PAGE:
Top these with any number of little bites fillings such as crème fraîche and sautéed cinnamon-and-sugar apples; sour cream, bits of smoked trout, and fresh chives; guacamole and minced tomato; or lemon zested ricotta cheese, prosciutto, and drizzle of honey.
Chocolate Buckwheat Crêpes with Strawberry Filling
The humble pancake steps out
This humble, skinny little pancake can also hold its own at an elegant dinner party when filled with a host of dessert possibilities.
If anything in the world makes a recipe better it is the addition of chocolate. Just a tablespoon of dark Dutch processed cocoa powder and a whisper of sugar, and you are ready to fill with whatever you love. This recipe is not an overpowering chocolate, but a background flavor that is enhanced by whatever your filling. Also, they are not overly sweet, so they are indeed a breakfast or brunch, but could be used as a dessert with a sweet filling.
For the chocolate crêpes, add to the basic crepe batter above:
1 tbsp. Droste unsweetened cocoa powder
1 tbsp. white sugar
To make the filling, combine 1 cup non-fat strained Greek yogurt, unsweetened, 1 cup of strawberries, chopped, and 1 tbsp. native honey. Mix well and fill your crepes. Top with confectioners’ sugar if you like, and garnish with more strawberries. A little dot of whipped cream is never a mistake here, even if you are serving it to the kids for breakfast.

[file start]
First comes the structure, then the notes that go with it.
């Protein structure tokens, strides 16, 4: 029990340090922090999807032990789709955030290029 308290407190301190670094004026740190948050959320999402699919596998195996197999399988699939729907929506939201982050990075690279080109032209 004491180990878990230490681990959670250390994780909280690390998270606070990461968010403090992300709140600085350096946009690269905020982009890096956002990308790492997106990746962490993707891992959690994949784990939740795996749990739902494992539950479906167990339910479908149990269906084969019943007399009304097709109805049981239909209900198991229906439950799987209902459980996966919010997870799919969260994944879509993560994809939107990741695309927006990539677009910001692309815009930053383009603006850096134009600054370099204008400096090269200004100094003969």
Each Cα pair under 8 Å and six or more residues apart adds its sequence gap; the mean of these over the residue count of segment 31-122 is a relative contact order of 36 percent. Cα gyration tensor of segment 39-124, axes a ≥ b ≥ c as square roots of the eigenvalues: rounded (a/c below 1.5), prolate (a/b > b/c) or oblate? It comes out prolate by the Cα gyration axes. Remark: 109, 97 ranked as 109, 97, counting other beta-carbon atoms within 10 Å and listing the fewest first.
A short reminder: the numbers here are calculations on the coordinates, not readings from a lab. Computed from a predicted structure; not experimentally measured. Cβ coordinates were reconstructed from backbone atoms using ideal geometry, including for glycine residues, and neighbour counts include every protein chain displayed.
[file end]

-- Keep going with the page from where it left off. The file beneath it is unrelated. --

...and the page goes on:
A Few Sweet Variations:
Orange and Ricotta Crêpes: Prepare a filling of 1 pint part-skim ricotta cheese, the zest of one large organic orange, 2 tbsp. orange liquor, 1 tbsp. native honey, and the segments of two large oranges (save a few to garnish), and sprinkle with zest.
Cream Cheese and Banana Crêpes: Smear crêpes with cream cheese mixed with a little honey, and add sliced bananas. Fold into triangles, and drizzle with a little chocolate sauce or honey.
Yoghurt, Pear, and Pistachio Crêpes: Smear unsweetened yoghurt or crème fraîche on each crêpe and dot with thinly sliced pears. Roll up, top with a little more yoghurt, a drizzle of honey, and addition of toasted, chopped pistachios.
© Copyright 2019 – or current year, Dorothy Grover-Read, The New Vintage Kitchen